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PostPosted: Mon Nov 24, 2008 7:46 pm 
retrobike rider
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....the sound of sloshing wellies... The solution to this is to drill a hole, somewhere between the toes.

I'am disappointed that Geoff can't always digitally shift without stopping. The idea of stopping riding, when the going gets easy, in order to shift to a higher range of gears is familiar. It sounds like the reverse of the Rough Stuff Fellowship philosophy of getting off when the going gets difficult.

Anyway, the idea of off-road pioneers with greasy fingers and water-filled wellies sounds rather heroic to me.

:idea: !Eureka! A hook attached to the wellies, through an oversize, and leaky hole, could solve both shifting and sloshing problems. :idea:

Biopace chainsets... (I think I have one, still in the box, somewhere).

They weren’t elliptical, more parallelogram with rounded corners.

In terms of reducing the dead spot and smoothing the transfer of power, they didn't make sense. I believe that it was just Shimano's way of getting a patent out of an old Victorian idea.


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PostPosted: Tue Nov 25, 2008 11:15 pm 
Dirt Disciple

Joined: Mon Nov 17, 2008 5:54 pm
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Location: Hyde, Cheshire
Quote:
it would make a very good Cleland, except, perhaps for the BB drop.

Ah, okay I see, 2.7" drop - not kind to ground clearance then.

What was the rough spec of the Clelandale out of interest?
Just wondering out loud how you would go about making a fairly conventional frame work as a Cleland would - for example could a longer fork be used to raise the front end/pitch the seat further back over the rear wheel without destroying the general handling of the bike? (by longer fork i'm thinking along the lines of a modern 'suspension corrected' rigid fork being used in a frame not intended for suspension forks).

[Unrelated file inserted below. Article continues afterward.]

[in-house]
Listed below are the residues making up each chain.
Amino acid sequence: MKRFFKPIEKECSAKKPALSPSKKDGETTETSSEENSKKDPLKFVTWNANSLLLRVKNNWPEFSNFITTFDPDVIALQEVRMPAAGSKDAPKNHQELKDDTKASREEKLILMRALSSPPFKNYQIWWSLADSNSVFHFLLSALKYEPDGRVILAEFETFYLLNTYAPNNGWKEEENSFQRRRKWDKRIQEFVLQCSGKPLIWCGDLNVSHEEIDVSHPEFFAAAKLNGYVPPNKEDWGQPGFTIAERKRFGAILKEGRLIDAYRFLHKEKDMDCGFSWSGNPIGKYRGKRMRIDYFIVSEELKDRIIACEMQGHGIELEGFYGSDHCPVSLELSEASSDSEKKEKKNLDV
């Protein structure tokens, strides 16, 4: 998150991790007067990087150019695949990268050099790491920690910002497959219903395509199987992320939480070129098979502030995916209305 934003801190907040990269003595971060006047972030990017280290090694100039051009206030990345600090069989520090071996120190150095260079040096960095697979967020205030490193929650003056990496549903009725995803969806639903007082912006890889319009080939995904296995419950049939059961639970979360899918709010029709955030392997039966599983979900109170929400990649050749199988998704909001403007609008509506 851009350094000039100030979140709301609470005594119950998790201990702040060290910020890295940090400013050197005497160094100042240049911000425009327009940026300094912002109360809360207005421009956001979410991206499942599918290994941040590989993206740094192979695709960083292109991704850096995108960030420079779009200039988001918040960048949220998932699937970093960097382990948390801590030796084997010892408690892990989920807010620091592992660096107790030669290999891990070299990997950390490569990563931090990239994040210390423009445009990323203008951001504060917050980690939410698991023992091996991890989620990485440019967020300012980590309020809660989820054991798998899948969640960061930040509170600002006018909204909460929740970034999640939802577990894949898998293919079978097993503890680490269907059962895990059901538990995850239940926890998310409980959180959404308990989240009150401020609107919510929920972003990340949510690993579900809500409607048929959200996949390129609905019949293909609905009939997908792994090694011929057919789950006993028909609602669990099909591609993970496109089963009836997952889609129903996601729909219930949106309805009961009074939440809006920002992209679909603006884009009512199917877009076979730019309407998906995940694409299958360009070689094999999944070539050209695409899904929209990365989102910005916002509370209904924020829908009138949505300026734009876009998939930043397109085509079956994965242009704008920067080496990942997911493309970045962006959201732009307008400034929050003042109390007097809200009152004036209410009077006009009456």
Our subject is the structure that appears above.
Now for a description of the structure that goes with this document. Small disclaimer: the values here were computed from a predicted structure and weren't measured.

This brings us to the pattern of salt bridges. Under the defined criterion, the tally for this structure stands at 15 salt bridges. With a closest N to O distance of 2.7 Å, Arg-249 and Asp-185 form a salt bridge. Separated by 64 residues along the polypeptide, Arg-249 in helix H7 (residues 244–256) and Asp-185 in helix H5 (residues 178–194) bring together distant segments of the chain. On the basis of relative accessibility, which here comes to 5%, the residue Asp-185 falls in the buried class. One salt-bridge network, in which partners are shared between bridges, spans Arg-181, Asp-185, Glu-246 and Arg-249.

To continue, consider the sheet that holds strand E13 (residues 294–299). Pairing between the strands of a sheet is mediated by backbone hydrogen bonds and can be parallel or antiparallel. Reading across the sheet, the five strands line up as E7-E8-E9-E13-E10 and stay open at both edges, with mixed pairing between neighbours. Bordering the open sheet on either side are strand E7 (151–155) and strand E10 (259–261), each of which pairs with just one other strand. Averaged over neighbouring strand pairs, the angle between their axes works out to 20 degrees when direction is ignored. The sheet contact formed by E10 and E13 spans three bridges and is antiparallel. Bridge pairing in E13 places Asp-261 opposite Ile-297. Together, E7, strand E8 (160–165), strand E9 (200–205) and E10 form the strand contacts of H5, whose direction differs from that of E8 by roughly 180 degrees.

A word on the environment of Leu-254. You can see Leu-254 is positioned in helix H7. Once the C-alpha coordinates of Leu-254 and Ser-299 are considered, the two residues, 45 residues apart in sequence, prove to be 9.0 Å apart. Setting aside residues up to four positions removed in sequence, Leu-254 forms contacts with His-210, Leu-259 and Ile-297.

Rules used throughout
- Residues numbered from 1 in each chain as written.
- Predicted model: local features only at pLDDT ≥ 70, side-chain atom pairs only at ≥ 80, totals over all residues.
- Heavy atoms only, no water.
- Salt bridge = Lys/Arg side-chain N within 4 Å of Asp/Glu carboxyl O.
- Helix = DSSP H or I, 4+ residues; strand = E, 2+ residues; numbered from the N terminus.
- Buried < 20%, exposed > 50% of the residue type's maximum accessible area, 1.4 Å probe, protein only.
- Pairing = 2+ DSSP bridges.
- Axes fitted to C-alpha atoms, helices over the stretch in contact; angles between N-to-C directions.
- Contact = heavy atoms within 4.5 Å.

I'm building a fixie at the moment for road use, but looking beyond that, probably like a few others reading this thread I can see some mileage in building something inspired by one of your bikes. There are enough hills & steeps trails in the vicinity of home to tackle, on something a bit more comfortable that my Tufftrax which is almost always used on tarmac now i've got a young family & lost the urge to scare meself witless :lol:


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PostPosted: Tue Nov 25, 2008 11:21 pm 
East Midlands AEC
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Quote:
Just wondering out loud how you would go about making a fairly conventional frame work as a Cleland would - for example could a longer fork be used to raise the front end/pitch the seat further back over the rear wheel without destroying the general handling of the bike?


Sounds a bit like my Fuquay. The head tube is 8 1/2" :shock: The seat tube is a more standard 21".

Image


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PostPosted: Wed Nov 26, 2008 12:18 am 
Dirt Disciple

Joined: Mon Nov 17, 2008 5:54 pm
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Location: Hyde, Cheshire
Quote:
Sounds a bit like my Fuquay. The head tube is 8 1/2" Shocked The seat tube is a more standard 21".

That does look tall - the head tube tricks the eye & makes it look more like the 23" Raleighs some of my mates had!

Your Fuguay has a similar riding position to mine (pictured below pre rebuild) bloody uncomfortable off the beaten track, for me anyhow :roll:

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PostPosted: Wed Nov 26, 2008 1:14 am 
retrobike rider
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What was the rough spec of the Clelandale out of interest?

:?: I don't know about the Clelandale :?: but this drawing of a Cleland may be of interest.

This is a drawing of my 1988 Highpath Cleland. I am six foot two and the bike has a 13 inch bottom bracket height so this is a tall bike. That makes me seven foot three if I stand on the pedals.